99 injured as Egypt's military clashes with protesters
At least 99 people were injured Friday as army and police forces clashed with anti-government protesters in central Cairo, near iconic Tahrir Square, dpa reported.
The injured suffered gunshot wounds, broken bones and bruises, according to the Health Ministry, after a day of violence between rock and petrol bomb-throwing protesters and security forces armed with guns and tear gas..
Protesters, enraged at ongoing efforts to remove their encampment, began throwing petrol bombs at the cabinet headquarters, where activists said security forces were attacking protesters from above.
The head of Egypt's ruling military council, Hussein Tantawi, ordered that all those injured will be treated in armed forces hospitals.
However, no comments were made on the clashes by the council or the prime minister.
The clashes, triggered earlier on Friday by a reported attack on one protester, erupted after army forces removed scores of demonstrators who had been camping for weeks outside the cabinet offices.
Military police, guarding the building, denied they had attacked the protester.
The angry protesters threw stones at the military police who shot in the air to disperse them, according to witnesses.
Dozens of protesters have camped since late November outside the cabinet headquarters to prevent new Prime Minister Kamal al-Ganzouri from entering the building.
They see al-Ganzouri, who served under former president Hosny Mubarak, as too close to the regime toppled in a popular revolt earlier this year.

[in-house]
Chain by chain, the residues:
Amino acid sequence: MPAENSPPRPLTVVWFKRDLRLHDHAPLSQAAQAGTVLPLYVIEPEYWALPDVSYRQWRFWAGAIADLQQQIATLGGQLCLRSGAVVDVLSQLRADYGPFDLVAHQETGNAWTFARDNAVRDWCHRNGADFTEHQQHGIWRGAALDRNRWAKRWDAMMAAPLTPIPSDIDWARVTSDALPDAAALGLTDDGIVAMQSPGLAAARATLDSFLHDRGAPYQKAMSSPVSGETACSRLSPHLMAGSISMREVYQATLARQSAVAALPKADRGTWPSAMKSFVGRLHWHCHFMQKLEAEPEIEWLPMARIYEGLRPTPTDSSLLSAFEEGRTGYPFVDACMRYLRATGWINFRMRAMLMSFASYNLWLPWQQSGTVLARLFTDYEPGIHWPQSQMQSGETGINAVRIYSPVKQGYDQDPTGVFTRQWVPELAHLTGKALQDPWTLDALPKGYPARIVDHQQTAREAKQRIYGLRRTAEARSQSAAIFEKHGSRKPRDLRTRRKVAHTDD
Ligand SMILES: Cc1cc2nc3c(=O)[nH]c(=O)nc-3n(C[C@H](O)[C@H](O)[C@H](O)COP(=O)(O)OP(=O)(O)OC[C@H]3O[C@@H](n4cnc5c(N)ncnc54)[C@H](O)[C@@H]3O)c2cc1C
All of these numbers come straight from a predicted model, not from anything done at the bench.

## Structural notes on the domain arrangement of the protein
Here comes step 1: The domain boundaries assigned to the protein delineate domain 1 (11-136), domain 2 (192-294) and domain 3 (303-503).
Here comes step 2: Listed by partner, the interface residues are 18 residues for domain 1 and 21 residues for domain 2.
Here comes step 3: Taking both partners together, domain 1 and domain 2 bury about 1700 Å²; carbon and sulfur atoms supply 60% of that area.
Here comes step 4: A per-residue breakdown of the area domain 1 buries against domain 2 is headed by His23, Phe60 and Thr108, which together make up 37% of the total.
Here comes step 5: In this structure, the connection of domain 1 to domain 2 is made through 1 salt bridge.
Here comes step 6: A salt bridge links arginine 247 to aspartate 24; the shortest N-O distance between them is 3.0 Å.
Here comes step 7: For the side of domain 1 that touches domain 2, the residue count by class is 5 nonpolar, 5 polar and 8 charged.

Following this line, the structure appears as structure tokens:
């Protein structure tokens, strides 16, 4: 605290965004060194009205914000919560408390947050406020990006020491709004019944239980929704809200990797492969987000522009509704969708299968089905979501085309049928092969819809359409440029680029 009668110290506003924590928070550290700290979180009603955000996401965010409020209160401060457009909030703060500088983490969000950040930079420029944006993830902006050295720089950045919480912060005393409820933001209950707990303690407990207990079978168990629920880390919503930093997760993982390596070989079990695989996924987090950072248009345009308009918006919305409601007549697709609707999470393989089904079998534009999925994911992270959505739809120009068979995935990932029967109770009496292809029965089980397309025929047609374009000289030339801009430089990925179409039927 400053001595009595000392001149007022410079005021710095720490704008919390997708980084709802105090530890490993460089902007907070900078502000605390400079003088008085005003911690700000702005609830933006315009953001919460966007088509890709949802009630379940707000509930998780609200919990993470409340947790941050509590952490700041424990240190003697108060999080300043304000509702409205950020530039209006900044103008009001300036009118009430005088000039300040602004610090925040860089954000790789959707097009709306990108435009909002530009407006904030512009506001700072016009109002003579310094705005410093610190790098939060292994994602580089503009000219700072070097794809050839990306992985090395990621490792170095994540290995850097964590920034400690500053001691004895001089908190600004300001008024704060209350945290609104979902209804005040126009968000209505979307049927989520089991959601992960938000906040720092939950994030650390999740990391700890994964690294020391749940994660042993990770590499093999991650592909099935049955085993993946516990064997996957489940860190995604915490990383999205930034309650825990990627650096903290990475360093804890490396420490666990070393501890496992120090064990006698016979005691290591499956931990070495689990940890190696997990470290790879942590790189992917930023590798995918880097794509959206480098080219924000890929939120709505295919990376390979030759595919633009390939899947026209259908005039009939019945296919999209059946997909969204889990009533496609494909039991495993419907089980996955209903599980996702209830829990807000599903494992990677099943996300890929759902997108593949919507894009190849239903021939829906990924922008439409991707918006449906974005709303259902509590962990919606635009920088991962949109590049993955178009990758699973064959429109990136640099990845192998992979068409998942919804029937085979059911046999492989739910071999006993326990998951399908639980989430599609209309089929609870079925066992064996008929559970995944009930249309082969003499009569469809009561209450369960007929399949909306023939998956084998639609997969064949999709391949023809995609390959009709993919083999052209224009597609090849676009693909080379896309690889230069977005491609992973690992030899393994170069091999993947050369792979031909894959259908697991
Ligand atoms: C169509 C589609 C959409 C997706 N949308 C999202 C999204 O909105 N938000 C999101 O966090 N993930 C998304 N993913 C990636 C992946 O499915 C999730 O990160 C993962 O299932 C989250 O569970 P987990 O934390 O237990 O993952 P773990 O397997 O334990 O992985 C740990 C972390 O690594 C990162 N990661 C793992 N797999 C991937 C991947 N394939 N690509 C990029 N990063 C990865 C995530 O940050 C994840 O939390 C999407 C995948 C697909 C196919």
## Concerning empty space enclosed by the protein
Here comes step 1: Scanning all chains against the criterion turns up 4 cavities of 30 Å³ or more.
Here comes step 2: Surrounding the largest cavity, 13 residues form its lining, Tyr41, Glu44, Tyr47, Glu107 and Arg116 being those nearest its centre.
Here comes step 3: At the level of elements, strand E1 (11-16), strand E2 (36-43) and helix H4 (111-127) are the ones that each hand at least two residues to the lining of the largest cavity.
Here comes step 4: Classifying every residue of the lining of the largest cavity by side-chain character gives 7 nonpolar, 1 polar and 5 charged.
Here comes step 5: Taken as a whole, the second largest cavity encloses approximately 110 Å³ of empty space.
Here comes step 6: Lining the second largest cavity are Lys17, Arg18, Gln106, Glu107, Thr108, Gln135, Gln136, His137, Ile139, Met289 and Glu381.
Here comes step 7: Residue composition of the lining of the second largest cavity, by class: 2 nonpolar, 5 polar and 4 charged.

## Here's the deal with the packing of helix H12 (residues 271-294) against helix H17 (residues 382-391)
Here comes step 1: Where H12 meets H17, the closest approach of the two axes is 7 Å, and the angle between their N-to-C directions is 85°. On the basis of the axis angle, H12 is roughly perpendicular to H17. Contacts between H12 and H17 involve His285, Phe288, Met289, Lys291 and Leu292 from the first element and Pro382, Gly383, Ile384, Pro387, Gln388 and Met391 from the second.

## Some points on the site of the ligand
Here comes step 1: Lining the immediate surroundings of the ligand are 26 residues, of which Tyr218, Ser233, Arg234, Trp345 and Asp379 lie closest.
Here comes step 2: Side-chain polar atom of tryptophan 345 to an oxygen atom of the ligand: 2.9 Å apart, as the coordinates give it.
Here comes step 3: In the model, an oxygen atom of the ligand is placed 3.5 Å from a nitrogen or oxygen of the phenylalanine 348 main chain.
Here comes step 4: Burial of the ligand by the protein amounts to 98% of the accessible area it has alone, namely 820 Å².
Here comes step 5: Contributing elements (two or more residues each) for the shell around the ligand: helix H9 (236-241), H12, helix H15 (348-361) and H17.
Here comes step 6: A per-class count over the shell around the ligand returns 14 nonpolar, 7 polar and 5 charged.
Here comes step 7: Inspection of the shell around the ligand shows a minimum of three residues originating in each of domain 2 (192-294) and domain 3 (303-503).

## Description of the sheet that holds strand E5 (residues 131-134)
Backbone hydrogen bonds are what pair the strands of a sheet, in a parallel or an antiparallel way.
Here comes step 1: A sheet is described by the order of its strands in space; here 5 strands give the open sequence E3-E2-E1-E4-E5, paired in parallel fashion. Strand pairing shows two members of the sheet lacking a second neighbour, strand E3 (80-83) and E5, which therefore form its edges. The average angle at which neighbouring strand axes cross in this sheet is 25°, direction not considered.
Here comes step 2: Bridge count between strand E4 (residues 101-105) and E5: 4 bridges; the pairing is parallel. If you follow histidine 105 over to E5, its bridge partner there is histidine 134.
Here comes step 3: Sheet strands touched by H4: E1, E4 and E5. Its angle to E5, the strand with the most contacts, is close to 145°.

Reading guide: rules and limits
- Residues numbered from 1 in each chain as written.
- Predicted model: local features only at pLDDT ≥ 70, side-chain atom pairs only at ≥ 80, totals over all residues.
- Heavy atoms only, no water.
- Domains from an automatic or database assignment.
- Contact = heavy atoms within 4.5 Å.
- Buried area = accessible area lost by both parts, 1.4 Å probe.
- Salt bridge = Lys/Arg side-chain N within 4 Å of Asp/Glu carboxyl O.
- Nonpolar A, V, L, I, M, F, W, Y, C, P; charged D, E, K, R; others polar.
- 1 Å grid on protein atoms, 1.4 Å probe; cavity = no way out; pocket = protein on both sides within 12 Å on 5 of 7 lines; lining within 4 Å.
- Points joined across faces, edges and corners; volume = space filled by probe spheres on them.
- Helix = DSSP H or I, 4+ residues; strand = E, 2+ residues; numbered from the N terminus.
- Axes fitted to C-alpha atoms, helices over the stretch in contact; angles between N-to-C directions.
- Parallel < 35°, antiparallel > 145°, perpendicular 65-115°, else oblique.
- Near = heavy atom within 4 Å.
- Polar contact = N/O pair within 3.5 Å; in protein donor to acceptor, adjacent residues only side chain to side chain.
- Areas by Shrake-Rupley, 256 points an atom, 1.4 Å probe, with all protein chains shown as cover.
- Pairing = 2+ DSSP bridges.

Three parked cars and tents pitched by the campers caught fire during Friday's clashes, said witnesses.
A fire also broke out in a nearby governmental building. However, it was empty, as Friday is a holiday in Egypt.
On Friday, two members of the advisory council, set up earlier this month to assist the country's military rulers, resigned in protest of the violence against protesters.
"If what happens is intentional and premeditated, then its a plot I will not participate in. If it was unintentional, it means that we are facing desultory institutions that do not know how to manage crises. Thus I will not be able to guide their behaviour, whatever I do," political science professor Moataz Abdel Fatah wrote on his Facebook page as he announced his resignation.
Last month, 45 people were killed in clashes between security forces and anti-military protesters in central Cairo.
Mubarak was forced out of power on February 11 after hundreds of thousands of Egyptians camped in central Cairo's Tahrir Square for 18 days.
The military council, whose members were appointed by Mubarak, has been ruling the country since then.
Although credited for its support for the January 25 revolution, the military junta has been criticized for using force against pro-democracy demonstrators since then and setting a slow pace for reforms.